How to Read Your Energy Bill
A guide to understanding your electric bill.

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A guide to understanding your energy bill

Saving money on your energy costs starts with learning what’s on your energy bill. Taking the time to read and understand your energy bill can help you pinpoint just how much energy your household consumes — helping you find savvy ways to become more energy efficient. 

The average Texas power bill is currently $158.19 with a rate of 14.46 cents per kilowatt-hour (kWh). Deregulation in Texas allows customers to find the best electricity rate and plan for their energy usage patterns. We’ll help you understand your bill to determine how you can cut your costs or whether it’s time to switch providers and plans.

Let’s dive deeper into what’s on your monthly electricity bill and how you can use your newfound knowledge to shave off unnecessary energy consumption and lower your energy bills. 

Before we get started, you’ll see sample bills to help you learn how to read your electric bill. Depending on your retail energy provider (REP), your bill may look slightly different from this sample bill, but the information should be similar.

1. Account Information

This section contains your personal information, including your name, account number, and service address. If you need to contact your provider’s customer care line or sign up for a new plan, you will need to have this information nearby.

2. Current Bill Statement

Your current bill statement lists the charges for the most recent billing period and the due date for your payment. This section also notes the charges for your last bill statement.

Reviewing this section is important for catching signs you may be using more electricity than you did the previous month. While your energy bill may increase as the seasons get hotter and decrease during cooler months, any changes in your electricity bill that don’t follow typical seasonal changes may be a sign you have an appliance that no longer uses electricity efficiently.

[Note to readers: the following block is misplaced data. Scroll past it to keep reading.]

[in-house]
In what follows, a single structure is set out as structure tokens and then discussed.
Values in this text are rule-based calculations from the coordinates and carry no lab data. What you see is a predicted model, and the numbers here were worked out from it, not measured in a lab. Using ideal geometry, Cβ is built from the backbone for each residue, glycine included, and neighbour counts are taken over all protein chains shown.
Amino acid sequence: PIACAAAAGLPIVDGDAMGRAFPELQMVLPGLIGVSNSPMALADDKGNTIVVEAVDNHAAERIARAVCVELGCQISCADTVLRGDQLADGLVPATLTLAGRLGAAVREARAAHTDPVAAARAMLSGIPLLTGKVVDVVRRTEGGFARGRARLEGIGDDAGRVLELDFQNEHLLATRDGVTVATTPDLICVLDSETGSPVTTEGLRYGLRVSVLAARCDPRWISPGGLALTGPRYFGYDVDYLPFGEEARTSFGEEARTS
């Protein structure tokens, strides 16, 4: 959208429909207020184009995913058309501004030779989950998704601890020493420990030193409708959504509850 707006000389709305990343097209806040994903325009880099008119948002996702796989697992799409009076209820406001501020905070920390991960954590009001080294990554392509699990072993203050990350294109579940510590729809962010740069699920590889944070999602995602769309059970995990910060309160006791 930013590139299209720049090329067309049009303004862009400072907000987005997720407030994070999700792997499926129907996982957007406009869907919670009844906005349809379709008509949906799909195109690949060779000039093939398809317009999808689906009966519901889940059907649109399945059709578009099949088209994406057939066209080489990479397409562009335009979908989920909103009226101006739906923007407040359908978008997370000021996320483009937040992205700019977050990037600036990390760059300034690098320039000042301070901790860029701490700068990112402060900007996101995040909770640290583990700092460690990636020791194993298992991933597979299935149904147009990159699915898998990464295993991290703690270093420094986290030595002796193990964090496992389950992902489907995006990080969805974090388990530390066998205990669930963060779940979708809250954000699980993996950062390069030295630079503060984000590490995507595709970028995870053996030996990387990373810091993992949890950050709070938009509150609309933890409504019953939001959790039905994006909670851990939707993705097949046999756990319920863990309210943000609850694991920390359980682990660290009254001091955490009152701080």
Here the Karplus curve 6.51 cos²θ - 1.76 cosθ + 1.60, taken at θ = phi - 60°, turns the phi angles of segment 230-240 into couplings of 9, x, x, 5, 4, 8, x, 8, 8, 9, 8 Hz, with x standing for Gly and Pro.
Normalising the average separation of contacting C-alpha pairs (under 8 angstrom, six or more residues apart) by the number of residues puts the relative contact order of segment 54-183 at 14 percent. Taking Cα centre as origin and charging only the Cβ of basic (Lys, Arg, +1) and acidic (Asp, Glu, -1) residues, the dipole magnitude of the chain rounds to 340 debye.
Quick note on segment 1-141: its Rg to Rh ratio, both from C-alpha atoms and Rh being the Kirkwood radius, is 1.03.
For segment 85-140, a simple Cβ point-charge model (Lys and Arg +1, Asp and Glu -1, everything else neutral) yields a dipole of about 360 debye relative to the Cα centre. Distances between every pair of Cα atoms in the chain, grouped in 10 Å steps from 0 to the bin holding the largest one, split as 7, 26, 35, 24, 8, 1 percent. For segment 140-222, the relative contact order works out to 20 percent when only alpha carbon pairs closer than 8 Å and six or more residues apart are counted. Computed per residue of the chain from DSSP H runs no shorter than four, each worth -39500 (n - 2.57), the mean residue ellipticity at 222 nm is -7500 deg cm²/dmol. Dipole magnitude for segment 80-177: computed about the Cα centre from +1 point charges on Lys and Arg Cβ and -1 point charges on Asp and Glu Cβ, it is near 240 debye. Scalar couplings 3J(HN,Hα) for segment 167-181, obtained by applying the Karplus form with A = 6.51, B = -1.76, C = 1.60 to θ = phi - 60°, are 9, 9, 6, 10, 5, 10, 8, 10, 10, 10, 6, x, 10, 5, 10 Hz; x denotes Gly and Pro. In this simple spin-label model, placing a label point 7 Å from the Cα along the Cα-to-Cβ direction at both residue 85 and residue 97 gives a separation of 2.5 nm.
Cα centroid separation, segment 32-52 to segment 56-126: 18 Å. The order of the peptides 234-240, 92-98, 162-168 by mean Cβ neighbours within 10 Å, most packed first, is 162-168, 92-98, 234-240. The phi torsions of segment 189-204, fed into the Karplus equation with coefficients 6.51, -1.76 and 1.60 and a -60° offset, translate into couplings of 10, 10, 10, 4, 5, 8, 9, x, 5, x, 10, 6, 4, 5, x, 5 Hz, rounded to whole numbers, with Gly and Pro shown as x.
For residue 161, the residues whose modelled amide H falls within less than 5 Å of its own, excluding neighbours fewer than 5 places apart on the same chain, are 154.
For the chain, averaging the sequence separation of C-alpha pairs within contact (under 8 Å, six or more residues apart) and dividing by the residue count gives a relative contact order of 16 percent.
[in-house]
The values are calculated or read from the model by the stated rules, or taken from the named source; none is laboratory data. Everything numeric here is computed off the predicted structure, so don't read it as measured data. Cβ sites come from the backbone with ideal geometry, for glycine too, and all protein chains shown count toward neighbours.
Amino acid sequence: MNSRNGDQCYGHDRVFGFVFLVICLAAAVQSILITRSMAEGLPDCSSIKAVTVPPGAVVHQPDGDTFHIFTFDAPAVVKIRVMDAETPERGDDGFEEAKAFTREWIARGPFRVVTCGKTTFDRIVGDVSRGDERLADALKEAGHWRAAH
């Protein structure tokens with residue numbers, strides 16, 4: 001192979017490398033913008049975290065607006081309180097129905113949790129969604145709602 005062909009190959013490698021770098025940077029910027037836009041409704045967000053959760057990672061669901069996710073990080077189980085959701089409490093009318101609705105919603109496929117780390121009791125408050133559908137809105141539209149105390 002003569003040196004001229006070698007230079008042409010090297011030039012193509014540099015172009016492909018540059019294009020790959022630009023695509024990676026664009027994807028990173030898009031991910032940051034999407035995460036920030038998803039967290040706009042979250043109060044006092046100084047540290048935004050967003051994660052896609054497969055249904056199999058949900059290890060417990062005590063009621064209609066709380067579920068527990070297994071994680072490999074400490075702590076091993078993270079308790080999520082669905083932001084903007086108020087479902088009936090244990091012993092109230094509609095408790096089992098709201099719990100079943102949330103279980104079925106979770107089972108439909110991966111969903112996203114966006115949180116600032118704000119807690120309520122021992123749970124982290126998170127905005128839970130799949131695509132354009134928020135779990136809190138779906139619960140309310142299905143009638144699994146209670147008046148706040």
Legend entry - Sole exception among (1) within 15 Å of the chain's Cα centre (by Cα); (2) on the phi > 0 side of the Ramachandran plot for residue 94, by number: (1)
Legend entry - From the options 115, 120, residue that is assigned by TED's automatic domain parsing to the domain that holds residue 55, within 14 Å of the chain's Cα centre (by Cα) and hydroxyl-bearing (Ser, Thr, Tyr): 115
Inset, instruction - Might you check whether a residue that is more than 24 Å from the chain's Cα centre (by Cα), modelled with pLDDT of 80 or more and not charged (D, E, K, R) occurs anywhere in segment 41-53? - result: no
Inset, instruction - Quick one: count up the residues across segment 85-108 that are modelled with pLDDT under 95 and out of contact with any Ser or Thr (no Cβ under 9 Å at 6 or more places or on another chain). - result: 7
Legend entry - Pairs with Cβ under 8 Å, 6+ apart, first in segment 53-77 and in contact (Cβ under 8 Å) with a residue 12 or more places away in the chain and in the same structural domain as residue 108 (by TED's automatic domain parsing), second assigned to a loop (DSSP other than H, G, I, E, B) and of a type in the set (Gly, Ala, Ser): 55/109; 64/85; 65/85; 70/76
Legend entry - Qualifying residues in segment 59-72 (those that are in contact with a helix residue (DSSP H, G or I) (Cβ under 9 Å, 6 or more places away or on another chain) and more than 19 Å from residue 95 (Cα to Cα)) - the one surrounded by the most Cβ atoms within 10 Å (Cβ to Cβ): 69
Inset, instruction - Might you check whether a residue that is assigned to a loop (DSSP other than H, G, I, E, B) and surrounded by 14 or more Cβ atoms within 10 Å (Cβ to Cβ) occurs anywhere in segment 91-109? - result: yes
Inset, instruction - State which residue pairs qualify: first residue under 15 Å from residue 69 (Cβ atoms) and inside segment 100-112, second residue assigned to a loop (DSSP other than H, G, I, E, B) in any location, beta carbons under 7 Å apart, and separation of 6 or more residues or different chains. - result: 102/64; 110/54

3. Bill Overview

Here you will find a brief summary of your bill and how it was calculated. This section includes a breakdown of taxes and utility charges included in your bill. You can find a more detailed explanation later on this page.

4. Consumption History

This section provides a look at how your energy usage fluctuated over a period of time – usually between six months and a year. This can help consumers pinpoint a month when they typically consume more energy or predict when their bills may be higher due to seasonality.

5. Monthly Usage

In the monthly usage section, you can see exactly how much energy you consumed for the current month by kWh. Depending on your REP, this section may also include information such as your usage from last month or from the same month last year.

6. Payment Slip

If you plan to pay by mail, you will use this payment slip. Many REPs offer online payment or autopay options, which are normally noted in this section.

first page of electricity bill

7. Bill Breakdown

The bill breakdown section is a detailed explanation of how your bill was calculated. This section will include your meter number, your electricity rate, and any charges influencing your cost. Following are some common items you will see in this section.


Electric Supply Charge: The supply charge makes up most of your bill. This charge notes the price of electricity consumed (in kWh), which is calculated using your energy plan’s rate. 


Market Charges: These charges depend on changes in the electricity market. They help to keep the grid reliable and balance supply and demand.


UDC Charge: This stands for “Utility Distribution Company,” which is the company that delivers electricity to your home. Every household in the utility company’s service area will be charged the same amount, regardless of their REP. Sometimes these are listed as TDU or TDSP charges.


Taxes: Here you will see state and city taxes. You may also see taxes from MGRT or PUCA. MGRT is the “Miscellaneous Gross Receipts Tax,” which is a tax from your utility company. PUCA, or the “Public Utility Commission Assessment,” is a charge from the Public Utility Commission of Texas (PUCT), which manages the Texas electric market.

Every household in your utility’s service area will pay the same amount for MGRT and PUCA.

These taxes are not impacted by your REP.

8. Ways to Pay

Your REP may offer different methods of bill payment. To learn more about your options, please contact your REP directly

Some REPs accept payment by:

  • Mail
  • Credit card
  • Debit card
  • Cashier’s check
  • Personal check
  • ACH/eCheck
second electricity bill page

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